It’s certainly logical to be skeptical of a product or service that is significantly cheaper than a similar product or service. You get what you pay for, right? In most cases, that is correct. If term life insurance is so cheap, then how can it possibly be any good?
To make a legitimate argument regarding any product or service that appears priced well below its competitor, one needs to take a very close look at the product and what it does and does not offer. Let’s take a look at some historical statistics for term insurance and see if we can come to a legitimate conclusion.
First, let’s briefly discuss what the product is. Term Life insurance is a temporary insurance policy that insures for a stated period that in most cases can range from 10 to 30 years. At the end of the policy period, it expires. If the insured is still living at expiration, most carriers will offer some type of renewal, but not all. So then, why is it so cheap?
Just the Facts Mam
o Over 90% of issued term policies are terminated or converted to permanent insurance
o Of the 90% terminated, 45% of them are terminated in the first year
o Of the 90% terminated, 72% of them are terminated in the first three years
o The average life of a term policy is two years
o Less than 10% of issued policies are renewed at expiration
o Only 1% of all term policies issued result in a death claim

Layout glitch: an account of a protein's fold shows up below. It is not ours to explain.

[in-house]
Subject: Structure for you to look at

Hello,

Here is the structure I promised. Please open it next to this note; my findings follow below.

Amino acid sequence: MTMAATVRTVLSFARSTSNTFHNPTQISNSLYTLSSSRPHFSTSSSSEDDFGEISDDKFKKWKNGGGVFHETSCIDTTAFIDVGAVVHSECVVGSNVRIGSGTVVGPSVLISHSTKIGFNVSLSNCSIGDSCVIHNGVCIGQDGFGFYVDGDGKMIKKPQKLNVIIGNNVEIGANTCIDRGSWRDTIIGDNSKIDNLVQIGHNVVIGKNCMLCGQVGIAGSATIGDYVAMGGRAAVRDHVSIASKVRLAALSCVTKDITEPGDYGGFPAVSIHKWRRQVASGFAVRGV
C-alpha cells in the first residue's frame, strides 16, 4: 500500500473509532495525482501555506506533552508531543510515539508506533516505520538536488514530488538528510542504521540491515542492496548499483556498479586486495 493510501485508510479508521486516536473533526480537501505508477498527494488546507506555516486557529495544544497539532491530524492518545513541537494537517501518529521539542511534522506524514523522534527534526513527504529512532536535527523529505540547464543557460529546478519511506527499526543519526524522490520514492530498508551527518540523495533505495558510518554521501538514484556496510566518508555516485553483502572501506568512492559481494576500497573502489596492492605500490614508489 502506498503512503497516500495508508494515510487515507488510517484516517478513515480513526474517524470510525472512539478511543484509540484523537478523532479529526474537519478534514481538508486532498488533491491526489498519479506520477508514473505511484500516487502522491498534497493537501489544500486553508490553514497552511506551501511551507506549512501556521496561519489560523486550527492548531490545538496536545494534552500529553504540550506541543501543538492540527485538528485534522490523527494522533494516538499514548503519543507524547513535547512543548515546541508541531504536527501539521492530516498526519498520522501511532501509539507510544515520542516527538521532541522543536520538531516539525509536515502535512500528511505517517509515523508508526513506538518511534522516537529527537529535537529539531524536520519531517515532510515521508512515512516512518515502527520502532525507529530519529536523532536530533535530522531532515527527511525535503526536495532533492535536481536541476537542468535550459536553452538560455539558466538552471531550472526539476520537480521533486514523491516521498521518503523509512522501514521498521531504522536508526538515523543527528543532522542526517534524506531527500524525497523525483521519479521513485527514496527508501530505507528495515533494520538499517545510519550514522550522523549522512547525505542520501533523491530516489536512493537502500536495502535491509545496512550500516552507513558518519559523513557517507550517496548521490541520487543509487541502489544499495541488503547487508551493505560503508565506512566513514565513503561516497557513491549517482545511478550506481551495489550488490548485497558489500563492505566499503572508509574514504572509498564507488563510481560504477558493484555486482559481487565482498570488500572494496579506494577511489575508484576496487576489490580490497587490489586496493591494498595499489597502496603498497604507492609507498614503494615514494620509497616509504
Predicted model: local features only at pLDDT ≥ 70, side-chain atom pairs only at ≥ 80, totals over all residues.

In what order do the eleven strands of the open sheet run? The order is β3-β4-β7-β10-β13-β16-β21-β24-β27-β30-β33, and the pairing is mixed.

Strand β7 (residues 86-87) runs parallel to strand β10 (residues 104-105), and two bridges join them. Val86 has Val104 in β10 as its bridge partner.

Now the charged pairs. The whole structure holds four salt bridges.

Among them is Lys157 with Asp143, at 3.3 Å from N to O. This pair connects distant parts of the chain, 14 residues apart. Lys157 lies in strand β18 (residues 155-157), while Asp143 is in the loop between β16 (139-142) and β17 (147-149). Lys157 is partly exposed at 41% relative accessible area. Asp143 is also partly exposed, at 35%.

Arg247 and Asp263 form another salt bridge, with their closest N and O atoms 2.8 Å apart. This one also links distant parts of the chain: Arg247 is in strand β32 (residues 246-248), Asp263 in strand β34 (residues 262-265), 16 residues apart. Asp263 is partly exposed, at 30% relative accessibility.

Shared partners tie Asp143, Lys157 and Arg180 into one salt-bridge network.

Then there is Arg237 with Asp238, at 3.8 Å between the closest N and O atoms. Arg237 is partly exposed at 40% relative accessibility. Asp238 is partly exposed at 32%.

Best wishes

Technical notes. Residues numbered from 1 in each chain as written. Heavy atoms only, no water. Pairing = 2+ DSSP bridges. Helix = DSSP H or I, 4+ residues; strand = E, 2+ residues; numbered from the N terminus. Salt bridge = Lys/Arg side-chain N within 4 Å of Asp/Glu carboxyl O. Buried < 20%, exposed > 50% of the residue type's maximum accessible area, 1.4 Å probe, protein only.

Based on the bullets mentioned above, it is easy to conclude that term policies rarely result in a death claim and for that reason, the product is very profitable to the insurance company and therefore priced very low.
If it hardly ever pays, Why buy it?
Because it can. Although term policies rarely result in death claims, doesn’t mean they don’t pay, only they don’t have to pay. Term policies are perfect for mitigating against unexpected death. For example, a 30-year-old head of household typically accumulates a lot of debt while building the family. If this head of household were to die unexpectedly, the surviving family members would be stuck with a ton of debt with no means to pay it. Since term life insurance is so affordable, it is the best way for a younger head of household to purchase an insurance policy with a very large death benefit. Now, the head of household can afford the premium for one or two million dollars of life insurance needed to satisfy the debt created while growing the family unit.
Money Down the Drain?
Many argue that since term policies rarely pay a death claim, it is like throwing money down the proverbial drain. Not so. Most term life policies have a conversion privilege. This means that during the term of the policy, the insured can convert all or some of the death benefit to permanent insurance without having to provide proof of insurability. Yes, the rate will be based on the attained age, but, the insured does not have to be healthy to make the conversion.
A typical family reduces their debt significantly over a 20 year period that translates to a lower required face amount at conversion and, therefore, the new permanent insurance premium is affordable. Yes, much higher, but affordable. Many companies today are offering a return of premium rider that allows the insured to be refunded some or all of the premiums paid if they survive the term of the policy. The insured does pay an additional premium for the rider, but getting a giant refund at the end of 20 or 30 years certainly offsets the additional cost.
In the real world in which we live, purchasing enough permanent life insurance to cover debts, the mortgage, college tuition, and the loss of income is typically unaffordable. Using a term policy that will be priced at about a third of permanent insurance, makes a lot of sense.